Development of a host microbe interaction in vitro model of the small intestine

Abstract: The intestinal epithelium is a gatekeeper of the internal milieu. Approximately 70% of all the lymphocytes of the human body are concentrated in the intra-epithelial and sub-epithelial intestinal layers (gut-associated lymphoid tissue, GALT), keeping a delicate balance between tolerance and protective immune response to infectious agents. Current in vitro models miss the inclusion of the gut immune-microbiome interface, thus presenting a gap in resembling the physiological aspects of the in vivo small intestine.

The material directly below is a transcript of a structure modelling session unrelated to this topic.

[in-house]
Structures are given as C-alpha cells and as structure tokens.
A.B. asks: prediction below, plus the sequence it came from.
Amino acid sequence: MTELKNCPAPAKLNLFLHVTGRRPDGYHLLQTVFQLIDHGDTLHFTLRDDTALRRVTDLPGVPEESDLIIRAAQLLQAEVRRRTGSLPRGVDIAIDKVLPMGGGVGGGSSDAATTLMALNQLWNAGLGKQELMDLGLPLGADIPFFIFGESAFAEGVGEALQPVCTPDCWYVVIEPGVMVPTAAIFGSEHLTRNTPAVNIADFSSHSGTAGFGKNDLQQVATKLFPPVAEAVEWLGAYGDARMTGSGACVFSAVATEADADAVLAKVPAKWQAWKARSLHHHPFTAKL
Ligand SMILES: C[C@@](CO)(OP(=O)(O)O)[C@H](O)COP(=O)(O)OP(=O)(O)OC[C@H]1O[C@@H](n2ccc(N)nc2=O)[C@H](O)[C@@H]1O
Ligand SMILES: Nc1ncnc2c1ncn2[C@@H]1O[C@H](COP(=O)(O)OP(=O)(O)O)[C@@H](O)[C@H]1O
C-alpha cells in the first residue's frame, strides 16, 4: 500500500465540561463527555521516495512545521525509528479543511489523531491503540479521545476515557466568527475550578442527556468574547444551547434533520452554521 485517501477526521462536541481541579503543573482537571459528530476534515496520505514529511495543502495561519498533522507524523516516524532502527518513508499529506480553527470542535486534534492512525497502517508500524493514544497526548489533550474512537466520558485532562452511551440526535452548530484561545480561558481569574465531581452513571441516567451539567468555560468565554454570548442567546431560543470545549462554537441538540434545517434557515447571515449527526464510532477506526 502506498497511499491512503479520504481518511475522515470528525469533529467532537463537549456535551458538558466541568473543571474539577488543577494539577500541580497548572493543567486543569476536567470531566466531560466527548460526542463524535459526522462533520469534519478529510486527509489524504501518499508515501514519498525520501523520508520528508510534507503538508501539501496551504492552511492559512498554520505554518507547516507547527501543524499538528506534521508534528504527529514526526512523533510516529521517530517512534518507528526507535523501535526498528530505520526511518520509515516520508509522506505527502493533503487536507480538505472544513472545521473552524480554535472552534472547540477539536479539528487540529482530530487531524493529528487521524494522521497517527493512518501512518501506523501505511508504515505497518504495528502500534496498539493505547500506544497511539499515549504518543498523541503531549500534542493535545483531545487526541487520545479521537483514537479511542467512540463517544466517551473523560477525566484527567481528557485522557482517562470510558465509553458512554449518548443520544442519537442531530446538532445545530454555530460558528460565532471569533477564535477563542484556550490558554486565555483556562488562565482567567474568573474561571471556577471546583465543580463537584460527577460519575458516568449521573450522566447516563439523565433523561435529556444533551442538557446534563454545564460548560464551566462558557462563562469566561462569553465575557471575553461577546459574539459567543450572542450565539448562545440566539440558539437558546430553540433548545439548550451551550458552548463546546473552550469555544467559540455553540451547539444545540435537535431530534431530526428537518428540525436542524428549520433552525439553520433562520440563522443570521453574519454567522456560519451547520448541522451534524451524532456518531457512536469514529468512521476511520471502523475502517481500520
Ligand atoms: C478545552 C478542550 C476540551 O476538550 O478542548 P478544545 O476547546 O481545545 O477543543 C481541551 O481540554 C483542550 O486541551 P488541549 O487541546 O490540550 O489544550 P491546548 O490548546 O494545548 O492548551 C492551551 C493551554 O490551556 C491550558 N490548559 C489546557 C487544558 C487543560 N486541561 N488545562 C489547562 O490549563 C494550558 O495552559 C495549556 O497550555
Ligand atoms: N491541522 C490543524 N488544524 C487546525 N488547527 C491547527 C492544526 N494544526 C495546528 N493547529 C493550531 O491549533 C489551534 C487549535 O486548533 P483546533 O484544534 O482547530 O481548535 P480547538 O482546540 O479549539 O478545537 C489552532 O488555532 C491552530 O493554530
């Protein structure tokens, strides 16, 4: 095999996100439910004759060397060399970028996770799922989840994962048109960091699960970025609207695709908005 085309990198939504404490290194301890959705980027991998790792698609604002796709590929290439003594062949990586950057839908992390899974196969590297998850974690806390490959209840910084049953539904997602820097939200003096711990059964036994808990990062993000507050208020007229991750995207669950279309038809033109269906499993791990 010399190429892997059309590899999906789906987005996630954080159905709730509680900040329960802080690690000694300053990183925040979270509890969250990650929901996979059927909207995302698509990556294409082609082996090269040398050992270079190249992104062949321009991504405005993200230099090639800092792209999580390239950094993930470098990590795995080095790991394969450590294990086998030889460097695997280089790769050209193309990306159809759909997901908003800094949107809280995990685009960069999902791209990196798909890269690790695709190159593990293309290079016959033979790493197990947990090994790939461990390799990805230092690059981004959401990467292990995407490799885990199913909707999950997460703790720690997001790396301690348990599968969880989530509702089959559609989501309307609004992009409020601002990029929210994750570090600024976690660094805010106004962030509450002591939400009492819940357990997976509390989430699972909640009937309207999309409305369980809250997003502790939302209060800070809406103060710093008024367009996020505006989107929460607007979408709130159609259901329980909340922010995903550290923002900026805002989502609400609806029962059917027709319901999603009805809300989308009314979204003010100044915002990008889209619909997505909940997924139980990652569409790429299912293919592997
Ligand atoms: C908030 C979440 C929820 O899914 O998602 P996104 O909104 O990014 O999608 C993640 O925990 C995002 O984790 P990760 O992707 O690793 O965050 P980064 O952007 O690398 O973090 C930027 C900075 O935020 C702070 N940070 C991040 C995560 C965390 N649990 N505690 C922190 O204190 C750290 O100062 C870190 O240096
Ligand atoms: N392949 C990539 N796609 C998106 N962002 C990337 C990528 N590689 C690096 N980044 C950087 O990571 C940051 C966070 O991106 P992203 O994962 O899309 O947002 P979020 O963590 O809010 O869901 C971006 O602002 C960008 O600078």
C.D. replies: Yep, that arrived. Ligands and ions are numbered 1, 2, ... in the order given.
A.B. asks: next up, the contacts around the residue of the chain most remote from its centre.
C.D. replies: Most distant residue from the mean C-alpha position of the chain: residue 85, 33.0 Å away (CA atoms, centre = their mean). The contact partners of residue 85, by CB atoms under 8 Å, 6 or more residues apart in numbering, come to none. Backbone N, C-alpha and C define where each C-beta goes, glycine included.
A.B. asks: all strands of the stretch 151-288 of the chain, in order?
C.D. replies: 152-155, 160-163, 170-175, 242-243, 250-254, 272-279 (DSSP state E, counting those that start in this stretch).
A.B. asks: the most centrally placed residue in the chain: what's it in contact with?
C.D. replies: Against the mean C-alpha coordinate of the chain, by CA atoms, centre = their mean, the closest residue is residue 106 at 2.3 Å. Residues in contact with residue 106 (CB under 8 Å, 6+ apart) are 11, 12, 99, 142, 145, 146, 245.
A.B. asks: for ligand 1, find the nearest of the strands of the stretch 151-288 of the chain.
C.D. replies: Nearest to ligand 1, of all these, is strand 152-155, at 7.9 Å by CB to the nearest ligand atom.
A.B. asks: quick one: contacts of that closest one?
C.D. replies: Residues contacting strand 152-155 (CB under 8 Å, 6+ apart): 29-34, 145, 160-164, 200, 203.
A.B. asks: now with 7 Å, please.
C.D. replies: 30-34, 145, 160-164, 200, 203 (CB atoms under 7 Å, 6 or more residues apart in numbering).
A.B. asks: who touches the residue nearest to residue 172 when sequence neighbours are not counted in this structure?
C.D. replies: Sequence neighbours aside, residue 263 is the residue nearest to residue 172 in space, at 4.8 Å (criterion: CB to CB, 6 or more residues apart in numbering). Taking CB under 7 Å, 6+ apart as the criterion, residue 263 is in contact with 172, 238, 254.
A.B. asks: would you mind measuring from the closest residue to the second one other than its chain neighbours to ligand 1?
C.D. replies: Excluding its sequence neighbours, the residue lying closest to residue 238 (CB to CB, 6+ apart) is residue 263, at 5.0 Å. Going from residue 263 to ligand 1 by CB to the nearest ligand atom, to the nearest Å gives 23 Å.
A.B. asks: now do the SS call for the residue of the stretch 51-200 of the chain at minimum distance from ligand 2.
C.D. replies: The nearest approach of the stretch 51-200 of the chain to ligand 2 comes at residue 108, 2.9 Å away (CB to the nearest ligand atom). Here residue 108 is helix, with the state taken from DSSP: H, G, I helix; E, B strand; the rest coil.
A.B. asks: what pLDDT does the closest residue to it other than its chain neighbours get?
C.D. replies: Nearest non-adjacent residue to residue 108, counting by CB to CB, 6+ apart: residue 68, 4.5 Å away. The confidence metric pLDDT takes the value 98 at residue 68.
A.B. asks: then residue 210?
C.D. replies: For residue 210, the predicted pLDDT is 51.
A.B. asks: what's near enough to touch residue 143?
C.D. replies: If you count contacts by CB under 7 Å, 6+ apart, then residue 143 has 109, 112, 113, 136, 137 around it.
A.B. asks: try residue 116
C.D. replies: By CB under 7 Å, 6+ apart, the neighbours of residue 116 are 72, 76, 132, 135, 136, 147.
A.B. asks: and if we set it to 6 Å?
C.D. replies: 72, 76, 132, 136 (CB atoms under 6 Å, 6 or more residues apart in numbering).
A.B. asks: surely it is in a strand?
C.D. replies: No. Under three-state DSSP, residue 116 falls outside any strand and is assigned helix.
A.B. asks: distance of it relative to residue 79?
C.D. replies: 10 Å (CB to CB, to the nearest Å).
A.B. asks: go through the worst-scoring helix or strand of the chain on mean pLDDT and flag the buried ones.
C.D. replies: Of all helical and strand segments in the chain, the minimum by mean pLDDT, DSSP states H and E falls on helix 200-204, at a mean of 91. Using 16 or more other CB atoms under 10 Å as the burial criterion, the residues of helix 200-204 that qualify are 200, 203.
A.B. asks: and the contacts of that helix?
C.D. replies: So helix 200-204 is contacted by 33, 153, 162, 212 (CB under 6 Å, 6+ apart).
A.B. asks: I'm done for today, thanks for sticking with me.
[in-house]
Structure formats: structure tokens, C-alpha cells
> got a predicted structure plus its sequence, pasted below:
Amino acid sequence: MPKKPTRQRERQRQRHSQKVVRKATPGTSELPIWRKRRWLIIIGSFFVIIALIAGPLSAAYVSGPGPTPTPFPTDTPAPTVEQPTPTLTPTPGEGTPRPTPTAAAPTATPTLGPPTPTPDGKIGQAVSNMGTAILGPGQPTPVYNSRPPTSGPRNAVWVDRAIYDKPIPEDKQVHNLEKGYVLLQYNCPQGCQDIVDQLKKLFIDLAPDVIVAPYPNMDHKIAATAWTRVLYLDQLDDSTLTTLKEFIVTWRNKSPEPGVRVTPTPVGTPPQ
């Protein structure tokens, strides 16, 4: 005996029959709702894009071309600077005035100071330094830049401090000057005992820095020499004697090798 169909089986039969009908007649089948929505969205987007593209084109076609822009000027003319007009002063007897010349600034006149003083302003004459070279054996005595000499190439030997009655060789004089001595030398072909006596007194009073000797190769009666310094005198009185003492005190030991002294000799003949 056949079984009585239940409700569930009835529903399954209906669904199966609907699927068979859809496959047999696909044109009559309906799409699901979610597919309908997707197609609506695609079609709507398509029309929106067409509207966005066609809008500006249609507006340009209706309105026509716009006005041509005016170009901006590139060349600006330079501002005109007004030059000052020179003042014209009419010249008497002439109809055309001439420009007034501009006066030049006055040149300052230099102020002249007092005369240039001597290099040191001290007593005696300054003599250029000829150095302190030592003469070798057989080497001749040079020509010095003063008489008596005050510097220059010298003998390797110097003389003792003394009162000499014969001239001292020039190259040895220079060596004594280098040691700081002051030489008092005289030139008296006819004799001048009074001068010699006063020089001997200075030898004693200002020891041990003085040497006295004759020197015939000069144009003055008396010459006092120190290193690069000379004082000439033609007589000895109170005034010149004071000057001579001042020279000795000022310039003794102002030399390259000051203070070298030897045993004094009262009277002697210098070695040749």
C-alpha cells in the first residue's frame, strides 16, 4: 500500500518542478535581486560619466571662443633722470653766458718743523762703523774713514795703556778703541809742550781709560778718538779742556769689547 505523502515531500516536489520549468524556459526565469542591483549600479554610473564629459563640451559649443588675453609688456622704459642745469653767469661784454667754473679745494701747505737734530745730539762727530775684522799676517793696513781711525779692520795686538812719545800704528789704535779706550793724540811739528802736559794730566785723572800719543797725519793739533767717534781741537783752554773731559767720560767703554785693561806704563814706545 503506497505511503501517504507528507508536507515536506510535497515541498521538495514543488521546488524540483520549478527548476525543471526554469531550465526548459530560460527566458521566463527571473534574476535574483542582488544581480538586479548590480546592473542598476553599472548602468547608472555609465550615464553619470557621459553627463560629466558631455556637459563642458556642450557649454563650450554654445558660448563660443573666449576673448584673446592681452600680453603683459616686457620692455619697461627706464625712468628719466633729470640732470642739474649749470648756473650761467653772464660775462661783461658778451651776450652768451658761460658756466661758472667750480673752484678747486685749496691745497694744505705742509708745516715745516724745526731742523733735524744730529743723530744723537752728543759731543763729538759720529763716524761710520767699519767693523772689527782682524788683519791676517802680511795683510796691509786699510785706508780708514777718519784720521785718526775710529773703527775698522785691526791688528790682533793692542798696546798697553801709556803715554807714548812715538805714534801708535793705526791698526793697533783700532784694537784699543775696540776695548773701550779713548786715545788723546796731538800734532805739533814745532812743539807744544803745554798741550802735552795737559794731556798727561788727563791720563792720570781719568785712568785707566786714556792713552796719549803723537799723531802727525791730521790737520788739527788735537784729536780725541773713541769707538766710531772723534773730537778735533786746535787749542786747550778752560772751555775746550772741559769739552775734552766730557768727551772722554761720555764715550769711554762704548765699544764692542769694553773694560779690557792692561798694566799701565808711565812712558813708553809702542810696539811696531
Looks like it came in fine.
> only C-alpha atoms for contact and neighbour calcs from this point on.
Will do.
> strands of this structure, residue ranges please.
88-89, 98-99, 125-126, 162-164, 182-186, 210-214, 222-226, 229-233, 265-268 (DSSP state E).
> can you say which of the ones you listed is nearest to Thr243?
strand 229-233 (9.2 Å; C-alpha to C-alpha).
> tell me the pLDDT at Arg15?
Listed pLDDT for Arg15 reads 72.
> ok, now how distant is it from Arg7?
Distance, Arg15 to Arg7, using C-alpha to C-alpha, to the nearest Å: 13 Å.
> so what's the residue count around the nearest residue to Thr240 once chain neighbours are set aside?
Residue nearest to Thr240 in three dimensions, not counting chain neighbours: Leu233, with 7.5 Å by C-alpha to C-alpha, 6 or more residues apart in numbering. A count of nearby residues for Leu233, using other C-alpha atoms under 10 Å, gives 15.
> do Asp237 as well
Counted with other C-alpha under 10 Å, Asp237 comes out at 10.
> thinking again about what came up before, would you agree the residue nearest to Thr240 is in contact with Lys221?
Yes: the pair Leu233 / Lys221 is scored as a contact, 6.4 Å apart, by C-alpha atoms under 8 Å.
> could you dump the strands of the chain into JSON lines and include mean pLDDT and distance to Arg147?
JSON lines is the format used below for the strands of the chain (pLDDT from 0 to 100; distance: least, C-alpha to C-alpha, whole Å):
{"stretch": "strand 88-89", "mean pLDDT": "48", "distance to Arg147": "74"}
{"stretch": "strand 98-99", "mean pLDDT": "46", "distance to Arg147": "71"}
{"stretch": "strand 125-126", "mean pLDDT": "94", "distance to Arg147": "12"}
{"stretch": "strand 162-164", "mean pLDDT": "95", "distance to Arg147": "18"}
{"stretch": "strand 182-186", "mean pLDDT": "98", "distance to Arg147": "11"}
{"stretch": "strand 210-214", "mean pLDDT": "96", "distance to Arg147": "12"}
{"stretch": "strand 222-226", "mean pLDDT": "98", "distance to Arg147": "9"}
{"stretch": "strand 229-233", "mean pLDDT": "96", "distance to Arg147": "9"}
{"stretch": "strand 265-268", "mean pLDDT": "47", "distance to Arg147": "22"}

We developed and characterized an innovative model including a triple co-culture of epithelial cells (Caco-2), goblet cells (HT29-MTX) and immune cells (THP-1), together with a synthetic microbial consortium representative of the small intestine microbiome. The three cell lines were physically in contact with in a double chamber insert. Cell lines were maintained for 23 days, with tight junction formation and cellular viability above 85%. At day 23, the chemical differentiation of THP-1 cells caused a significant drop in epithelial barrier function (~50%). Furthermore, a synthetic microbial consortium was added into the model to simulate the host microbiome interaction without (healthy model) or with LPS (inflammation model). The simultaneous exposure of the cells to bacteria and LPS induced ~ 2-fold increase on IL-8 (1042 ± 82 pg/mL), compared to both the control (480 ± 45 pg/mL) and the model exposed to the synthetic microbial consortium without LPS challenge (684 ± 44 pg/mL). Additionally, Sanger sequencing of bacteria adhered to the epithelium showed that Veionella parvula could play a key role in the cross-talk between the host and the small intestine microbiome during inflammation events. Our novel model would assist to overcome sampling difficulties and in effectively simulating the small intestine ecosystem for addressing host-microbiome interaction, intestinal absorption, and inflammatory studies. Further research would be required for validating the model with in vivo data.

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